Outside of State Capitals and larger urban areas, medical and emergency services may be limited. This includes immediate response, ambulances, basic medical equipment, and expertise.

Vaccinations

At least 8 weeks before your trip check:

Altitude sickness is a risk in parts of Mexico. More information about altitude sickness is available from TravelHealthPro (from the UK’s National Travel Health Network and Centre).

Heath risks

Health risks in Mexico include:

  • Zika virus
  • Chikungunya virus
  • Dengue fever

See the ‘Other risks’ section of the TravelHealthPro Mexico guide for more details.

Drink only boiled or bottled water and avoid ice in drinks.

Cyclospora

There has been reported cases of a food and water bug called Cyclospora. This has affected travellers returning from Mexico, particularly from the Riviera Maya region between the months of May and June. Follow the advice on TravelHealthPro.

Air pollution

The levels of air pollution can be high in Mexico City and may aggravate heart, lung or respiratory conditions. Children, the elderly and those with pre-existing medical conditions may be affected. You can check the pollution index levels for many cities in real time.

Medication and pharmacies

The legal status and regulation of some medicines prescribed or bought in the UK can be different in other countries.

Read best practice when travelling with medicines on TravelHealthPro.

The NHS has information on whether you can take your medicine abroad.

Many pharmacies in large cities provide 24/7 service, as well as home deliveries of medication. Any prescription issued outside of Mexico will require a translation into Spanish. It is up to the individual local pharmacy whether they will accept a foreign prescription or not. However, many pharmacies in Mexico also have an onsite GP who can assess a patient and prescribe medication if needed.

Paying for medical treatment

Not all hospitals will agree to deal directly with medical insurance companies. Be prepared to pay for treatment yourself up front and then get a refund.

You can view a list of English speaking doctors in Mexico.

Travel and mental health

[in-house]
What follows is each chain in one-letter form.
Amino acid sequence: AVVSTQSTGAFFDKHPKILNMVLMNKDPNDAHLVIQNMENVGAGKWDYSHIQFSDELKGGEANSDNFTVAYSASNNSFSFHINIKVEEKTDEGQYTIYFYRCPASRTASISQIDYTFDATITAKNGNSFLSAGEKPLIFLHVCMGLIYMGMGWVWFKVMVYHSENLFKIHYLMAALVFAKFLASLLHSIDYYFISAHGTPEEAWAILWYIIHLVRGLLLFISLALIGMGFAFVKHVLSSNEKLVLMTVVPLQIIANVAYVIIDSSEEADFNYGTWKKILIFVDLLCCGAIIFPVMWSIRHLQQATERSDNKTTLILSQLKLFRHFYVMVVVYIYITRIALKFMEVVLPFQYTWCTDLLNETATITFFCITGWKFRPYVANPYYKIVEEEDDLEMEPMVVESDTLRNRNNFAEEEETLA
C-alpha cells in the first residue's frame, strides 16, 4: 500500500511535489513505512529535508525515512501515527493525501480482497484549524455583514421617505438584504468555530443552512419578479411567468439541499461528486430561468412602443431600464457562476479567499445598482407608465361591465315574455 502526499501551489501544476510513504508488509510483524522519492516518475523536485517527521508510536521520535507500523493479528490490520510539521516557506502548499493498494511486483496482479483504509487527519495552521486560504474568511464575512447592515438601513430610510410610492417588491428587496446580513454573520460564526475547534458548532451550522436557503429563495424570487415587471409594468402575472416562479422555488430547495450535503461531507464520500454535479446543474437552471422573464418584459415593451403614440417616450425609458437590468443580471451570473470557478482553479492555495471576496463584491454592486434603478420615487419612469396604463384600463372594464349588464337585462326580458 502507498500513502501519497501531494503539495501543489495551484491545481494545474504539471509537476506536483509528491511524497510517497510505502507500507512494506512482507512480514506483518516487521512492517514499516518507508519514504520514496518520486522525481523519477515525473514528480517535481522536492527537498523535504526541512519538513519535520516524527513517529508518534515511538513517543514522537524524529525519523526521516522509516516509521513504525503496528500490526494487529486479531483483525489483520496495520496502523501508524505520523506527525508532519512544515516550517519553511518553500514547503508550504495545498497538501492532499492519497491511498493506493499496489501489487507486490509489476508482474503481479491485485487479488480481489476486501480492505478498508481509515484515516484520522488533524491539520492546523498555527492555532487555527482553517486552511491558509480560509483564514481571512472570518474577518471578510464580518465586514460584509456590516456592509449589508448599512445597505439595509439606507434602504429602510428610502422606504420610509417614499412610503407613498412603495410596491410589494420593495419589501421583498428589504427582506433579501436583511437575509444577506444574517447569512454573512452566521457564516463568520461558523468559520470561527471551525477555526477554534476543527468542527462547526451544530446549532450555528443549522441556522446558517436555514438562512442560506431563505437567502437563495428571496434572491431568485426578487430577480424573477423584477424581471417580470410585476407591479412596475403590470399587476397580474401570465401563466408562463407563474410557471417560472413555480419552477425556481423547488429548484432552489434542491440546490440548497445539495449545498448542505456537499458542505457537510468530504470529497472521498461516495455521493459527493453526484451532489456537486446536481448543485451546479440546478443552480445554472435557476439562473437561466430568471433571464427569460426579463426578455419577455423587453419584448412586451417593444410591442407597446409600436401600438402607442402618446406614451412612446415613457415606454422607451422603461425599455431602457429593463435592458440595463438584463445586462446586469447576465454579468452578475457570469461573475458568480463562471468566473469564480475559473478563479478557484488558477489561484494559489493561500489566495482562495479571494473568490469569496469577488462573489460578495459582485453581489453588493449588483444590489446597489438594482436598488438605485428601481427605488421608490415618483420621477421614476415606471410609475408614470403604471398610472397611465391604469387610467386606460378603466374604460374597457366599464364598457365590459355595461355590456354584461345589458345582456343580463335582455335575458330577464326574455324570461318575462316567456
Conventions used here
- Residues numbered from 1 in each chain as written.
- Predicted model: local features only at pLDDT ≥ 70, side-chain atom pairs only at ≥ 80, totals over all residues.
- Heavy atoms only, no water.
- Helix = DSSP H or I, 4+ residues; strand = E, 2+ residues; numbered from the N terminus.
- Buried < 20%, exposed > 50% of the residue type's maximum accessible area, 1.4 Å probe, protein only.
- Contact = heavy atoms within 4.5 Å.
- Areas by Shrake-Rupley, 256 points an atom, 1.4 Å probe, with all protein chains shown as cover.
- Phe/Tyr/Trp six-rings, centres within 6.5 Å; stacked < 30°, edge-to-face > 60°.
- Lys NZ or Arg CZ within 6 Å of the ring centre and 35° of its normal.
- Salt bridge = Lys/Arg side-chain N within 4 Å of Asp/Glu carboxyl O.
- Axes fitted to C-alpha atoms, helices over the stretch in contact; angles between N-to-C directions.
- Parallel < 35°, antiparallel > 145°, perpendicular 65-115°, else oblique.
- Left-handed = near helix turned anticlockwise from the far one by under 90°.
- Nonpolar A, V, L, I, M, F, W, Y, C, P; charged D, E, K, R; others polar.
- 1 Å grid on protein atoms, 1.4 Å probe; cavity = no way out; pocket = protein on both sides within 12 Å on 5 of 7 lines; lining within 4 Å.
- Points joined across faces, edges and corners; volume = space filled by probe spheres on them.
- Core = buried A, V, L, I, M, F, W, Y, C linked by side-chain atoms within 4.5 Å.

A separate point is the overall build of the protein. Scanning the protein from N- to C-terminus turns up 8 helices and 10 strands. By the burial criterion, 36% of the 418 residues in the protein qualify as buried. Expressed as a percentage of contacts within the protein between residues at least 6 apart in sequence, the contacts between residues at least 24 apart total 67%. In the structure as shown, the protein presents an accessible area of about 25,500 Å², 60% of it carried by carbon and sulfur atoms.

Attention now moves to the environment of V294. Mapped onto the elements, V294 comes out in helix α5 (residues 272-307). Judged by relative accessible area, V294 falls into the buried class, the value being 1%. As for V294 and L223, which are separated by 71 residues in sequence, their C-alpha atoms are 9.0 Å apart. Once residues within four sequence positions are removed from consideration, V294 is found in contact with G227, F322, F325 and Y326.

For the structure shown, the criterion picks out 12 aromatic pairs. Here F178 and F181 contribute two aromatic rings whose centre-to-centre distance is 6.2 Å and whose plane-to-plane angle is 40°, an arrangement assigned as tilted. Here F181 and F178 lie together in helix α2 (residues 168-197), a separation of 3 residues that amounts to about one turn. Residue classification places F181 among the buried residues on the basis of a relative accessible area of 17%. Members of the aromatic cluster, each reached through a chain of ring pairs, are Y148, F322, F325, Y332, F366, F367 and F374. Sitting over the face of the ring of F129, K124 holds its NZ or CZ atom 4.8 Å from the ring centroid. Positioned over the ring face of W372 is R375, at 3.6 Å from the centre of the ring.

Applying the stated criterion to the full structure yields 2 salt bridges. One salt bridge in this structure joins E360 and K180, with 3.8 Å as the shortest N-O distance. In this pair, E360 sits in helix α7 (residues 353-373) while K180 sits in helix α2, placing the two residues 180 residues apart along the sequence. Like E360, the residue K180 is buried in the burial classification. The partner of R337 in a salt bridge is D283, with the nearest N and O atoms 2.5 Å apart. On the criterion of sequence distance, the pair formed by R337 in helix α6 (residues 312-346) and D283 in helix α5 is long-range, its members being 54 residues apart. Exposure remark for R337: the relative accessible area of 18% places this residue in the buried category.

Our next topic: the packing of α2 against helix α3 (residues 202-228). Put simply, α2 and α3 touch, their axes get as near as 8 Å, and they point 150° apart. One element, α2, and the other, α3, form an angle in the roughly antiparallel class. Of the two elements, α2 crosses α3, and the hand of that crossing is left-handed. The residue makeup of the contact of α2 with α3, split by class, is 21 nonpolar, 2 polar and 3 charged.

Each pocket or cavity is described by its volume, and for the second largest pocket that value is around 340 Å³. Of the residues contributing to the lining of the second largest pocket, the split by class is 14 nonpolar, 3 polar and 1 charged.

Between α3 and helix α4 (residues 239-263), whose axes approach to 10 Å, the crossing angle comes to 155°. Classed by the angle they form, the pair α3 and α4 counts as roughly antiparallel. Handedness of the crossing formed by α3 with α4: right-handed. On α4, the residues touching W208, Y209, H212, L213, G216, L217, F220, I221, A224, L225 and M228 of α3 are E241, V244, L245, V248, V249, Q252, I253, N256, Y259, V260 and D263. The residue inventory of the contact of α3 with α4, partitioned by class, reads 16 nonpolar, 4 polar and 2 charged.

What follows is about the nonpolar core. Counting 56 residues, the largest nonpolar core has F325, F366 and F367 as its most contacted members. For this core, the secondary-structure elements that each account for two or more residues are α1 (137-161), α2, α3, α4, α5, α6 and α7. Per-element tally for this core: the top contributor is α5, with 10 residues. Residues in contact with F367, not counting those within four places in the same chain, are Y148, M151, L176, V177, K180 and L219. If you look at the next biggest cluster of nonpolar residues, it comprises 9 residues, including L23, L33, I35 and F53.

Read FCDO guidance on travel and mental health. There is also mental health guidance on TravelHealthPro.

The Foreign, Commonwealth & Development Office (FCDO) cannot provide tailored advice for individual trips. Read this travel advice and carry out your own research before deciding whether to travel.

Emergency services in Mexico

Telephone: 911 (ambulance, fire, police)

Mexico City Tourist Police

Telephone: (0052) 55 5207 4155

WhatsApp: (0052) 55 4891 1166

Contact your travel provider and insurer

Contact your travel provider and your insurer if you are involved in a serious incident or emergency abroad. They will tell you if they can help and what you need to do.

Refunds and changes to travel

For refunds or changes to travel, contact your travel provider. You may also be able to make a claim through insurance. However, insurers usually require you to talk to your travel provider first.

Find out more about changing or cancelling travel plans, including:

  • where to get advice if you are in a dispute with a provider
  • how to access previous versions of travel advice to support a claim

Support from FCDO

FCDO has guidance on staying safe and what to do if you need help or support abroad, including:

Contacting FCDO

Follow and contact FCDO travel on Twitter, Facebook and Instagram. You can also sign up to get email notifications when this travel advice is updated.

Help abroad in an emergency

If you are abroad and you need emergency help from the UK government, contact the nearest British embassy, consulate or high commission.

You can also contact FCDO online.

FCDO in London

You can call FCDO in London if you need urgent help because something has happened to a friend or relative abroad.

Telephone: 020 7008 5000 (24 hours)

Find out about call charges

Risk information for British companies

The Overseas Business Risk service offers information and advice for British companies operating overseas on how to manage political, economic, and business security.

Visa and passport information is updated regularly and is correct at the time of publishing. You should verify critical travel information independently with the relevant embassy before you travel.